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Can someone help explain the significance of Coulomb's Law to me? I don't understand why Coulombs Law states that the electrostatic energy is lower at a larger distance, but electrons further from the nucleus have higher energies. These statements seem to contradict each other, so I'm confused. Thank you
I think the reason why electron potential energies are higher the further they are from the nucleus is because if the atom loses the electron it would be more unstable. The fewer valence electron there are the more unstable they can become.
Coulomb's Law refers to the force created between two charged objects (the force that two electrons exert on each other, in this case). According to Coulomb's law, the force that is exerted is inversely proportional to the distance between the object, which is why there is a weaker force for electrons that are farther apart. This makes sense when looking at the equation (F=q1q2/r^2) as you are dividing by the radius, or distance between the two charged objects.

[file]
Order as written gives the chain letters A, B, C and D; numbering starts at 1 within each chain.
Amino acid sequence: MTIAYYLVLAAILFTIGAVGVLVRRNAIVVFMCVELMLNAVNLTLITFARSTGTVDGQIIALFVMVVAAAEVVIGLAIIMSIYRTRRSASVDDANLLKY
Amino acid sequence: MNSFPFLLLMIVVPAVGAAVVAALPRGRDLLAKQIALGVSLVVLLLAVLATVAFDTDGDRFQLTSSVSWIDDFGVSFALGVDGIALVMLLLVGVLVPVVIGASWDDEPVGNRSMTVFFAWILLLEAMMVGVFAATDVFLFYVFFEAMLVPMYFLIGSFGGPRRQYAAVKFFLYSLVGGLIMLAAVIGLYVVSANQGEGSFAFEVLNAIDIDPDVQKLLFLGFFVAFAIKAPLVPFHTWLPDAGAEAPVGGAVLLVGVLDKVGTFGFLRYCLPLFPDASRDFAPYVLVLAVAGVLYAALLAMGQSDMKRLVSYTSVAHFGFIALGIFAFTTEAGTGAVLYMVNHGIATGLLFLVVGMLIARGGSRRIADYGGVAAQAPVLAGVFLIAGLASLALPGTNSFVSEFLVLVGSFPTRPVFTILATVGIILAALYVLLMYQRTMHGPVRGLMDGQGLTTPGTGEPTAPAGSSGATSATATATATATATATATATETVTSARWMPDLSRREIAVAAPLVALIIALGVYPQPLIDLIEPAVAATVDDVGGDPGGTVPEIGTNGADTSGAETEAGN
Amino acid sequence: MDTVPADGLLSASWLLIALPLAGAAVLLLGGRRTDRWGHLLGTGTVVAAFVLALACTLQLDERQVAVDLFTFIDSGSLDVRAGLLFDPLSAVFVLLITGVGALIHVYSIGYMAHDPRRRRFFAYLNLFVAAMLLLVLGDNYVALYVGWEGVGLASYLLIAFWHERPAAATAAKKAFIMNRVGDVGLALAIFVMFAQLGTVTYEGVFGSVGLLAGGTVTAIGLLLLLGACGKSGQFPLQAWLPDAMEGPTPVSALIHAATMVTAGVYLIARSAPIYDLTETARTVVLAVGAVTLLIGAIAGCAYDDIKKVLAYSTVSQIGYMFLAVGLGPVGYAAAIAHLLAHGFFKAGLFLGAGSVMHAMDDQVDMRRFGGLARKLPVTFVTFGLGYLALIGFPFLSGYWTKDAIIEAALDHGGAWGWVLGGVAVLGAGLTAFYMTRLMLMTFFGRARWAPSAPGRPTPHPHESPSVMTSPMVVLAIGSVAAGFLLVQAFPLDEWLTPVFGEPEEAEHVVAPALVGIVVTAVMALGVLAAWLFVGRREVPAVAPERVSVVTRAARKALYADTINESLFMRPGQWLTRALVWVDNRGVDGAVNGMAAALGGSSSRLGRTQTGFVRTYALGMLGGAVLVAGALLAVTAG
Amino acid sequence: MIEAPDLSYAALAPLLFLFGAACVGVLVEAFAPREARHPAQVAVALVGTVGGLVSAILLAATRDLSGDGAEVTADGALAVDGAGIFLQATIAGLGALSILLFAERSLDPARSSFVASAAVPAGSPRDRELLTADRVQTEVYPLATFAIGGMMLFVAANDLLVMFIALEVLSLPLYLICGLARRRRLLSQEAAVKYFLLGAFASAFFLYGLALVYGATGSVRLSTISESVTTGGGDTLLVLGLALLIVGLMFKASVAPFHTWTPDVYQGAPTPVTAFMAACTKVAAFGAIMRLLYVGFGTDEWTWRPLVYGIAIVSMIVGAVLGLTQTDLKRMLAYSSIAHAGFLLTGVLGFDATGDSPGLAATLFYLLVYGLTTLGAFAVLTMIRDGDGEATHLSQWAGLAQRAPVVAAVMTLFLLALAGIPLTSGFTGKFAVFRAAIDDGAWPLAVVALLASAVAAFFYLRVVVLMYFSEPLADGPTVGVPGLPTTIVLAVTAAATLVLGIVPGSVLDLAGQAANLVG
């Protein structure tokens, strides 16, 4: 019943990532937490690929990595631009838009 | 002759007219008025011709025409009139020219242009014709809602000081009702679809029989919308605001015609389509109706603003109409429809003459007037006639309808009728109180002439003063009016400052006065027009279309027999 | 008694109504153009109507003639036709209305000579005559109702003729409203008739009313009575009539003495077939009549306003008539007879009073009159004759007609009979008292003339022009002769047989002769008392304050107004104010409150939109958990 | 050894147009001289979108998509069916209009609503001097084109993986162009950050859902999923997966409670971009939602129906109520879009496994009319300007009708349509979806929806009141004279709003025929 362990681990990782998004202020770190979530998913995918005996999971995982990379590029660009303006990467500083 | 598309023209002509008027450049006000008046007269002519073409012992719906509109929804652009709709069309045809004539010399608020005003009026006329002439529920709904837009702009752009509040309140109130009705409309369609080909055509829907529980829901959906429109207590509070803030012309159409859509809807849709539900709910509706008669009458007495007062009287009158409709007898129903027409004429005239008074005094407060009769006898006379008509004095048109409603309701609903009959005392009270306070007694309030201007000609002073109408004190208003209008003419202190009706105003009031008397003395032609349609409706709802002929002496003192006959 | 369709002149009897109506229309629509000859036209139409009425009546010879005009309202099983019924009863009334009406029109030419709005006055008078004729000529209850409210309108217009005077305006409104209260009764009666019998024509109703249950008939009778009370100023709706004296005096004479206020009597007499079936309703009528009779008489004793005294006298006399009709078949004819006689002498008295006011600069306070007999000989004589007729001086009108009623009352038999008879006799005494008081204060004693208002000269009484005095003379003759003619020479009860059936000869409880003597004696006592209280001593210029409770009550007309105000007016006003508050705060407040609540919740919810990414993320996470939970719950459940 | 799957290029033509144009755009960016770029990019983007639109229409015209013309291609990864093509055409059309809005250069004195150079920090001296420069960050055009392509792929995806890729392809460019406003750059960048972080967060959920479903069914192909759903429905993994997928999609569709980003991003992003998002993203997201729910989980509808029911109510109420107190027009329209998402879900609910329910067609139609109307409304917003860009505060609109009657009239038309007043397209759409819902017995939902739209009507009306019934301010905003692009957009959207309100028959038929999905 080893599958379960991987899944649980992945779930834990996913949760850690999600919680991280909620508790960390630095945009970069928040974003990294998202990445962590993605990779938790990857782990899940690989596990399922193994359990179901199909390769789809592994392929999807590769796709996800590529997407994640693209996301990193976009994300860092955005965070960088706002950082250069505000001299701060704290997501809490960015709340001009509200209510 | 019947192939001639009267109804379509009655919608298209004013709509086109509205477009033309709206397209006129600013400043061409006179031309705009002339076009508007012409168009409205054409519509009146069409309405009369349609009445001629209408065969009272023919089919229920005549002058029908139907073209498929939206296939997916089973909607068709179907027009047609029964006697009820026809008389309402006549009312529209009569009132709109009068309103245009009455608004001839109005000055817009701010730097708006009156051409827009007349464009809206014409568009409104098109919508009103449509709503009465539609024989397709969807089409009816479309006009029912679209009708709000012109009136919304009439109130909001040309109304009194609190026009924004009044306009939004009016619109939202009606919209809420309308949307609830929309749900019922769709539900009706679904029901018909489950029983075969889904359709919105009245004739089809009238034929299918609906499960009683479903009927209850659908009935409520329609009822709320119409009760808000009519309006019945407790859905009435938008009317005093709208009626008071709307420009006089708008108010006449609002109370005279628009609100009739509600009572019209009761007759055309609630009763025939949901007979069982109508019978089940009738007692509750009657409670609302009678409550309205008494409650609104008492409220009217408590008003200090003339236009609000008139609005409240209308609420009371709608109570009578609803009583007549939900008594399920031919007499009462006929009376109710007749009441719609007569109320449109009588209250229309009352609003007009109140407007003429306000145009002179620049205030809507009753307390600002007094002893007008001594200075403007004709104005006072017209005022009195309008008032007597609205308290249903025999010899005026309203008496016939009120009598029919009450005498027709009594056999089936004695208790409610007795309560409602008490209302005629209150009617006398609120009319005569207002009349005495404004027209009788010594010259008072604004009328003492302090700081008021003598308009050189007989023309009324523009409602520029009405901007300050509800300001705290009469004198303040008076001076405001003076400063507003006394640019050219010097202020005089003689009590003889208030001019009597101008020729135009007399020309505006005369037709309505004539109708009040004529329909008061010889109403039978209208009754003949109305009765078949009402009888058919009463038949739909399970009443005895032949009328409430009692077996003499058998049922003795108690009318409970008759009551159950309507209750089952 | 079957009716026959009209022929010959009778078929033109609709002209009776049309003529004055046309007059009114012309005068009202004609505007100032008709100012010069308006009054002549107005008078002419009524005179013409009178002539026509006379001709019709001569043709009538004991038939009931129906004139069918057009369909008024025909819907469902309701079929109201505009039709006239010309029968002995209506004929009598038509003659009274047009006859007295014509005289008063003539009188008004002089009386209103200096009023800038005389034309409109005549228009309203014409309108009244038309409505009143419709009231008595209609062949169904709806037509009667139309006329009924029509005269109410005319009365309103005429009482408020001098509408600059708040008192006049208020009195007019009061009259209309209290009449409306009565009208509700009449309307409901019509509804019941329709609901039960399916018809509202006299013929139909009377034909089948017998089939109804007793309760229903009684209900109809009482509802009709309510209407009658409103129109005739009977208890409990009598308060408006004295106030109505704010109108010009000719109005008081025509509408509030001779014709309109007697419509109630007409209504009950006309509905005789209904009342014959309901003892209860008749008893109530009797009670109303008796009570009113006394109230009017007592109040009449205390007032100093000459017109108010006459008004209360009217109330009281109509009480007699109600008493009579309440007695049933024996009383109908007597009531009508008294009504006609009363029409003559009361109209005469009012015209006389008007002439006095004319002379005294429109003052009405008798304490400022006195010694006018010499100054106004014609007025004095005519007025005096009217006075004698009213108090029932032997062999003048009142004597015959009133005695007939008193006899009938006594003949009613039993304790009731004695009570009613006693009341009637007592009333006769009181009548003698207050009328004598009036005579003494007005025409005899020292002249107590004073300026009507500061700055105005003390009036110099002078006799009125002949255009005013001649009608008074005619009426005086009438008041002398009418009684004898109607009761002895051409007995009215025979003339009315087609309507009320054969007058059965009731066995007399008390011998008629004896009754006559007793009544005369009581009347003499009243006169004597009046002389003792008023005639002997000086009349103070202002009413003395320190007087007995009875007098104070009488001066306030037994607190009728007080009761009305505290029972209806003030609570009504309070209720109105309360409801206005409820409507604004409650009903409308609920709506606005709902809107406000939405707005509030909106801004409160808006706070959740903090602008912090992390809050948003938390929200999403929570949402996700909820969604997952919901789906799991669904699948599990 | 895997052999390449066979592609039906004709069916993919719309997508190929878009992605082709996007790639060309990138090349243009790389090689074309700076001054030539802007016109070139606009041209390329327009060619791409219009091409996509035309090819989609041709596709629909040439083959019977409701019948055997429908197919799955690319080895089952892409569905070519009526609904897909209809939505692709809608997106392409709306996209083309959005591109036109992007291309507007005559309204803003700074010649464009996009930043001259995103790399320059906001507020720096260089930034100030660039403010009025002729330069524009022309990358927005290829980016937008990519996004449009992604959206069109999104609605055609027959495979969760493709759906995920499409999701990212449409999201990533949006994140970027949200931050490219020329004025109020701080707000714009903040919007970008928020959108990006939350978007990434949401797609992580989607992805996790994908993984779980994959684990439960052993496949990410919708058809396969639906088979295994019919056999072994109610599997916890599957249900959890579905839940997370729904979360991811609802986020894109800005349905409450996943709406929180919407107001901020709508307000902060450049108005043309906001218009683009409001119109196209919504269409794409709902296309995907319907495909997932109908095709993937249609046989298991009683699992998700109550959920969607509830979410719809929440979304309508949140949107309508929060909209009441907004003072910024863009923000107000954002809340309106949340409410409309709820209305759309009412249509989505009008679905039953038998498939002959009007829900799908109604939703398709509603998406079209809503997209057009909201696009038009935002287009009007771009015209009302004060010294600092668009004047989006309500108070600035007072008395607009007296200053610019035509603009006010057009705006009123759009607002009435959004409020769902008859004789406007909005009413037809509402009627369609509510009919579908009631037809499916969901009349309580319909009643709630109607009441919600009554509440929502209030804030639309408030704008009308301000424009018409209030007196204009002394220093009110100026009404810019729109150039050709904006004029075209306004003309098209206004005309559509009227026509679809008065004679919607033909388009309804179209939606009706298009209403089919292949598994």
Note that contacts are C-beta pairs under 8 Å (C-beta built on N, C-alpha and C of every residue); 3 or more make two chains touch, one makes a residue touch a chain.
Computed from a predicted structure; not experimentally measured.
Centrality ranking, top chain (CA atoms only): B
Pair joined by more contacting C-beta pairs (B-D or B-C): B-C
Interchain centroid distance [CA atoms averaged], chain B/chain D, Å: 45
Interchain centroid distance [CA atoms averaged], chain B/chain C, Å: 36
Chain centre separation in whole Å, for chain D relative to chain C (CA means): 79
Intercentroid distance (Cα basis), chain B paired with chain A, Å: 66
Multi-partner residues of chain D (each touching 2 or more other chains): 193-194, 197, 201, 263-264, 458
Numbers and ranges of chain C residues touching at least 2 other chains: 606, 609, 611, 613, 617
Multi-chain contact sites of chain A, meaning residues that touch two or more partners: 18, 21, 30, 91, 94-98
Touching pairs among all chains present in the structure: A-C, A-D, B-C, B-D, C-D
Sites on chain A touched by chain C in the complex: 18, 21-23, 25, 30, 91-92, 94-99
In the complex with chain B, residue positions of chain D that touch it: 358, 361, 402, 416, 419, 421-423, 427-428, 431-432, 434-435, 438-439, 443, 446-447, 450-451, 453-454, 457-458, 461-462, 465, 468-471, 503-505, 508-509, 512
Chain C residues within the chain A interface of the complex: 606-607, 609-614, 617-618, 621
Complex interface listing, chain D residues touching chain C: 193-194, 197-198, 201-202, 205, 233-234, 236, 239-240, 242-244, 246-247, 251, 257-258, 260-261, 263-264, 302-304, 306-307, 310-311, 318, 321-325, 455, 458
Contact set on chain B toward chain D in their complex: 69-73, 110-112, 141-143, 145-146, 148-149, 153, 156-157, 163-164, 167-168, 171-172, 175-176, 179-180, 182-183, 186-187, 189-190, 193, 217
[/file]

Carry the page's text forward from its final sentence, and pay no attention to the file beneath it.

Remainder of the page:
So when one says that electrons at a higher energy level have more energy, this means that they have more Kinetic energy -- or the energy of movement. conversely, when electrons are at lower energy levels -- they don't lose their energy, at lower energy levels they have more potential energy -- which is sometimes confused with not having any energy at all. However, the electrostatic energy decreases as the electron goes to further form the atom as the potential energy between the electron and the atom decreases and the electron has more energy for movement. You always have to remember the second law of thermodynamics -- energy cannot be created or destroyed.
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